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  • The Consolation of Unsettling Accounts
  • Jennifer L. Culbert (bio)
Leigh A. Payne. Unsettling Accounts: Neither Truth nor Reconciliation in Confessions of State Violence. Durham, NC and London: Duke University Press, 2008. 374. $23.95 (pbk). $84.95 (hc). ISBN 978-0-8223- 4082-9.

Leigh Payne suggests the literature of transitional justice and reconciliation rests on the cliché that confession is good not only for the soul of the sinner but for the soul of society. When the sinner, who has perpetrated state violence under an authoritarian regime, admits what he has done in some public forum, he discloses painful truths about a past that has been denied or intentionally misrepresented to protect supporters of that regime and/or to preserve the fragile democracy that has succeeded it. The details he recounts may confront competing sides with difficult information that upsets their self-perceptions and contradicts the stories they have told themselves of the past. However, this information may also be used to resolve past quarrels and may lead to reconciliation.

In her provocative Unsettling Accounts: Neither Truth nor Reconciliation in Confessions of State Violence, Payne breathes new life into this cliché by significantly complicating it. In a series of close readings of “confessional performances” she shows that confessions do not actually settle accounts with the past but, on the contrary, move audiences of victims, survivors, and human-rights activists to assert their own, often conflicting interpretations of events. Most importantly, however, these performances spur people to act politically. They do so by giving people the impetus to compete for interpretive power, creating the space to argue whose interpretations will shape the political agenda and determine the terms (if not the outcomes) of public debate (2). Payne warns repeatedly that confessions do not “heal” democracies but rather engender democratic processes with ambiguous results. Nevertheless, she argues that confessions help put democracy in practice. Indeed, if we take Wayne Booth’s definition of reconciliation as “how to avoid meaningless and destructive conflict of all kinds, verbal and non-verbal,” Payne suggests that reconciliation is achieved: the conflicts that ensue from performances of confessions are neither meaningless nor destructive.i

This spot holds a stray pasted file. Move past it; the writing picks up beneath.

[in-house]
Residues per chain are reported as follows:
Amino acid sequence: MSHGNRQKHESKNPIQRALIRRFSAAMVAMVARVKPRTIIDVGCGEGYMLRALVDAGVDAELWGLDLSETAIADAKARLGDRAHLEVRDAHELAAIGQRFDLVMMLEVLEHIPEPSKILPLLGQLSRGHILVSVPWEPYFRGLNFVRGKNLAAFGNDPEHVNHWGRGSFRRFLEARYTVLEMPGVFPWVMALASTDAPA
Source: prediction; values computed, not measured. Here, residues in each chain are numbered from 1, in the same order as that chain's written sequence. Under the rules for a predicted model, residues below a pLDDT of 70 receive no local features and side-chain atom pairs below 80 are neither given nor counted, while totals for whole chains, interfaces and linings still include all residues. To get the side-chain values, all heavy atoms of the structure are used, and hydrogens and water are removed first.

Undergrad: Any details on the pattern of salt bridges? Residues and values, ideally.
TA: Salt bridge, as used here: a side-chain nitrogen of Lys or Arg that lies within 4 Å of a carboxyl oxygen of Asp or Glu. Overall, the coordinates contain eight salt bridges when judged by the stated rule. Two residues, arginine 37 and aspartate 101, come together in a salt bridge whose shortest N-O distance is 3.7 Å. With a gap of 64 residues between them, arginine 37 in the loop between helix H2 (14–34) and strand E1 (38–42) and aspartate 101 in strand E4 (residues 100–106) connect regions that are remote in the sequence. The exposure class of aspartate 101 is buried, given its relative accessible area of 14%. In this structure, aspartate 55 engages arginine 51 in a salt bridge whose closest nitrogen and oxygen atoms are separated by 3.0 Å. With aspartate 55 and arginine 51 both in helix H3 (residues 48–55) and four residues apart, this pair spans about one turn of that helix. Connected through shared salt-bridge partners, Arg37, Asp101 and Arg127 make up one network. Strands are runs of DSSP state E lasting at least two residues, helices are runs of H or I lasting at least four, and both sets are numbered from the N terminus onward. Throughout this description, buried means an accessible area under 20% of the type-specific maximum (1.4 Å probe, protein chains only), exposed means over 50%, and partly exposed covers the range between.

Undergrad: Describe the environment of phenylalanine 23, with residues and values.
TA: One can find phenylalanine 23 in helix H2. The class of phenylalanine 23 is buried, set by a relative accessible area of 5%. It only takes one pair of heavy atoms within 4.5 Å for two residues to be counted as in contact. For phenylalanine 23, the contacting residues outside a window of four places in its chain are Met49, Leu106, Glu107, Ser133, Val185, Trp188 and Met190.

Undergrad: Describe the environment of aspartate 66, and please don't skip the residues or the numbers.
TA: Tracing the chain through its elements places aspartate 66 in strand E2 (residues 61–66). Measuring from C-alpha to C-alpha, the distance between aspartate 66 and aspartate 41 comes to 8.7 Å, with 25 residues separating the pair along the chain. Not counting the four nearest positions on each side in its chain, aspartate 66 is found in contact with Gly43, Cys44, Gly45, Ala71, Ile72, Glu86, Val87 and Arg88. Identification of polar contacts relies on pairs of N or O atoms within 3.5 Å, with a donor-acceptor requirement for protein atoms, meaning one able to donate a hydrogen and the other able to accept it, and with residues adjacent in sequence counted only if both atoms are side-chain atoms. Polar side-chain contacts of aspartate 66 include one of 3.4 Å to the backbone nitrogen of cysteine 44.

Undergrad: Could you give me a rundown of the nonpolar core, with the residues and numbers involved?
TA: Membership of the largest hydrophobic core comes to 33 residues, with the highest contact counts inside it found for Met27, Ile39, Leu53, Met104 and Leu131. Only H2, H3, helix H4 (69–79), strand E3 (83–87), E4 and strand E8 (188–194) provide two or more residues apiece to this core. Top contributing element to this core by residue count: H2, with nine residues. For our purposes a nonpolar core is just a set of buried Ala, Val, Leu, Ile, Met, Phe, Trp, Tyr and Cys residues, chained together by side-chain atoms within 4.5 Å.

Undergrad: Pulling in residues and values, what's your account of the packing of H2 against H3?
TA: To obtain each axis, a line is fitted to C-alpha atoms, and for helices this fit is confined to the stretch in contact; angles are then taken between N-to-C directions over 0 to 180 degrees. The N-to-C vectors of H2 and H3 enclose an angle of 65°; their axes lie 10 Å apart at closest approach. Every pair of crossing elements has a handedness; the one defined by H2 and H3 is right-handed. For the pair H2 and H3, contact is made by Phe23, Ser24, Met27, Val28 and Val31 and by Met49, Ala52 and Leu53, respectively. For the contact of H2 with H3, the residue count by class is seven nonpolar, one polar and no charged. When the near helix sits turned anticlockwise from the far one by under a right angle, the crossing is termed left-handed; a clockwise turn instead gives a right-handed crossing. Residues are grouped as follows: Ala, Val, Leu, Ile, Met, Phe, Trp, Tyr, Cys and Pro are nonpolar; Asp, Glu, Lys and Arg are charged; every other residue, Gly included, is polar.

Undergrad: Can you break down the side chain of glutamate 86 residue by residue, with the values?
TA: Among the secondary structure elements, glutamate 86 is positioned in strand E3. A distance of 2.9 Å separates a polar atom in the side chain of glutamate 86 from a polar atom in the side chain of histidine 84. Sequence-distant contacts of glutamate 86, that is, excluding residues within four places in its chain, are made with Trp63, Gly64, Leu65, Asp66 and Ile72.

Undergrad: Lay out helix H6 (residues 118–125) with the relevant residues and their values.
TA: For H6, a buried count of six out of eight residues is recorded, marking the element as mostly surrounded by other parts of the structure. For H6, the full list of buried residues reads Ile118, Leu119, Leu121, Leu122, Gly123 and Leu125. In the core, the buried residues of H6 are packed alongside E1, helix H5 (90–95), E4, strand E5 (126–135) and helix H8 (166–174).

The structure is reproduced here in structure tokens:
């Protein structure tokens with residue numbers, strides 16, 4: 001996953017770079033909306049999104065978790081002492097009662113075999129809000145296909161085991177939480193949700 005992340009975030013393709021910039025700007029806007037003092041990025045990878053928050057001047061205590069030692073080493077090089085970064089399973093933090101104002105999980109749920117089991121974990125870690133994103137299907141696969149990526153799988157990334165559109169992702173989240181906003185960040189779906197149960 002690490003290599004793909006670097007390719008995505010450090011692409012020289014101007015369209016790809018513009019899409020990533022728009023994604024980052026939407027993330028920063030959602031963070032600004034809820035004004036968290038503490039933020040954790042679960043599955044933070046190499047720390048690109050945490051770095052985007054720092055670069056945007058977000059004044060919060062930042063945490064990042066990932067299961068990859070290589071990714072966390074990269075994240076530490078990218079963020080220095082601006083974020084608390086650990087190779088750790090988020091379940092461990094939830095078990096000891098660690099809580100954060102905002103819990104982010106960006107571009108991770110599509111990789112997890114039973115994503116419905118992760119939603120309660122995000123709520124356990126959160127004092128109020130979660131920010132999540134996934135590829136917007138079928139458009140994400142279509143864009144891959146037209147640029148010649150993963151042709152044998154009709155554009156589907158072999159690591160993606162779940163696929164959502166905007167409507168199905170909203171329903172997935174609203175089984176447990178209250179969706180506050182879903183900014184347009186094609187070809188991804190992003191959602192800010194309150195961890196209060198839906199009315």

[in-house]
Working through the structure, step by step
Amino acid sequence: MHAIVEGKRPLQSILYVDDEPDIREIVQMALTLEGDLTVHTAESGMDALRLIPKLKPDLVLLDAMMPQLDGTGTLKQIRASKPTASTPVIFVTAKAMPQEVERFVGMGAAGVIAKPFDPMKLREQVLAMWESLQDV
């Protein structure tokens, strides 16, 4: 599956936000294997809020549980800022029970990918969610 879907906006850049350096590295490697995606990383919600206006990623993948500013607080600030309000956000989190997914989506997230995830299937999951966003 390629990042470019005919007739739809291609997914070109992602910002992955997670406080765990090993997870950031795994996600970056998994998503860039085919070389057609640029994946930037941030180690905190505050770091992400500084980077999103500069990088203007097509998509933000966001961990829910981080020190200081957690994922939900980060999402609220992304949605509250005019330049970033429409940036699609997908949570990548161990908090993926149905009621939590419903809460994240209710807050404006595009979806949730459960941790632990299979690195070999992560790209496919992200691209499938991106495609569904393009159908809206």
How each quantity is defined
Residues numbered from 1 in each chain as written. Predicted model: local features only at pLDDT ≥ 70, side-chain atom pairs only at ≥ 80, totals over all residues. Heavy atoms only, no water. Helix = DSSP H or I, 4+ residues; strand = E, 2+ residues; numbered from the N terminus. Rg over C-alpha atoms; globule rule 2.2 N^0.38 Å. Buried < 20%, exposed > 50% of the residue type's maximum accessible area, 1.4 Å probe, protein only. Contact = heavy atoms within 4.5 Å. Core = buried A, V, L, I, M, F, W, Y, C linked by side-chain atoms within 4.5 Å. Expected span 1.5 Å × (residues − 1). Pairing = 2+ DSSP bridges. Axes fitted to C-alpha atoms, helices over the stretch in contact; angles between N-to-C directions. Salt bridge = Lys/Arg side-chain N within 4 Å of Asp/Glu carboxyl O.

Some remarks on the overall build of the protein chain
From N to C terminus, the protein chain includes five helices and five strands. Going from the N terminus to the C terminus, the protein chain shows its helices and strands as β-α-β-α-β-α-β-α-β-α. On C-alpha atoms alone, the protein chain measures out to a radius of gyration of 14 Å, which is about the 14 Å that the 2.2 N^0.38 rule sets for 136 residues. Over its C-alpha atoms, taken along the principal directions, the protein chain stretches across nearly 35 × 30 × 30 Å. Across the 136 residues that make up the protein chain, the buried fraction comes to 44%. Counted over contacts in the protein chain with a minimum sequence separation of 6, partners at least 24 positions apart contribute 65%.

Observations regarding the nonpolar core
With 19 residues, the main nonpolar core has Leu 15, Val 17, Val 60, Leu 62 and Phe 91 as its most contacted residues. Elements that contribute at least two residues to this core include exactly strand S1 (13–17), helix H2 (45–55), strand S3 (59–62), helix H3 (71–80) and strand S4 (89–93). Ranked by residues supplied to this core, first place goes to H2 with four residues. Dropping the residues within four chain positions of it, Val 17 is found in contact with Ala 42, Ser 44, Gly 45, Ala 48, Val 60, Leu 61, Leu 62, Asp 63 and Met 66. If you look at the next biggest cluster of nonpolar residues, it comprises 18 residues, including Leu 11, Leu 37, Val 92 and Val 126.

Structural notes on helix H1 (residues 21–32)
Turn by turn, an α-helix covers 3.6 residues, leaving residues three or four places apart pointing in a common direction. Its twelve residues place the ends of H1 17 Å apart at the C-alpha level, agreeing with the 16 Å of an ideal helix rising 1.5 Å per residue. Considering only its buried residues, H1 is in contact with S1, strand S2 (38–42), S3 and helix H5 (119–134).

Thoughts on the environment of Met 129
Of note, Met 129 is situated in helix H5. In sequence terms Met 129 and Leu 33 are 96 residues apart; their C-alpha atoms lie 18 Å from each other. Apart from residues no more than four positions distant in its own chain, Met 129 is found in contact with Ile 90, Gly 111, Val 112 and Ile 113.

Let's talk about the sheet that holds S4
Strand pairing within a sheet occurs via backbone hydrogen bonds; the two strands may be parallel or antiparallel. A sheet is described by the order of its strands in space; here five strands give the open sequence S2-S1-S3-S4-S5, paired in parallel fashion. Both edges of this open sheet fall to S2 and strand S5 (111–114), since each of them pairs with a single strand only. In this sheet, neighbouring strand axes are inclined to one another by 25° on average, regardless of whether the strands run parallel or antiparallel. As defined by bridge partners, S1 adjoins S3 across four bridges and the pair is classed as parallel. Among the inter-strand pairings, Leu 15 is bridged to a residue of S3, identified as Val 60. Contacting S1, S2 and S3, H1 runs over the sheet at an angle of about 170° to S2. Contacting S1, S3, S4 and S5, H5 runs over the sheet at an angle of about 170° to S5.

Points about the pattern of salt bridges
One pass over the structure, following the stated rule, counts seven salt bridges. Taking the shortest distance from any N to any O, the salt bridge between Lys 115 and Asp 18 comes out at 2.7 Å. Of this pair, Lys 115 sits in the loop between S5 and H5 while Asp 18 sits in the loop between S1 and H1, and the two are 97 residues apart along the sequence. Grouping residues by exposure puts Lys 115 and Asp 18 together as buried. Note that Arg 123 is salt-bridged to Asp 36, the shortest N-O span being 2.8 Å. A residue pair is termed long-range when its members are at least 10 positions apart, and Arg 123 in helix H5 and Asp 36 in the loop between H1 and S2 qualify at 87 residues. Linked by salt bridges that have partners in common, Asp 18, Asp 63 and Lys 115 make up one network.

Payne observes that confessions have the power to “advance a political project for democracy” because they not only say something, they do something. Specifically, confessions participate in a “political drama” that “transcends personal stakes in the past and shapes the meaning of the past for contemporary political life” (15). To study the unique power of confessions given by perpetrators of state violence, Payne approaches these confessions as self-conscious theatrical performances. In her analyses of particular confessions she focuses therefore not only on the perpetrators themselves (the actors) and what they say (the script), but also on where they speak (the scene or stage), when they speak (timing), and to whom they speak (audience). According to Payne, each of these elements contributes in one way or another to the power of confessions and to the consequences that follow from them. And as performances are well known to register shifts in settings and audiences, a dramaturgical approach allows her to capture and account for the subtle variations between performances of the same kind of confession when it is presented in different contexts with different actors to different audiences under different conditions.

The empirical chapters of Unsettling Accounts focus on specific confessional performances that occur in four countries emerging from authoritarian state violence (Brazil, South Africa, Chile, and Argentina.) Each chapter examines a particular confessional form—remorse, heroic confessions, sadism, denial, silence, fiction and lies, amnesia, betrayal—through the lens of a particular act of confession. In the chapter on remorse, for instance, Payne focuses on the 1995 confession of the retired navy captain Adolfo Scilingo in Argentina. According to Payne, Scilingo hoped to restore the dignity of the armed forces by acknowledging with sorrow and regret that he had, among other things, participated in death flights. (He admitted to taking drugged detainees, stripping them, and dropping them to their deaths from an airplane flying over the ocean on two separate occasions.) However, confessions have a life of their own. In her analysis of Scilingo’s confession, Payne demonstrates that no single actor or...

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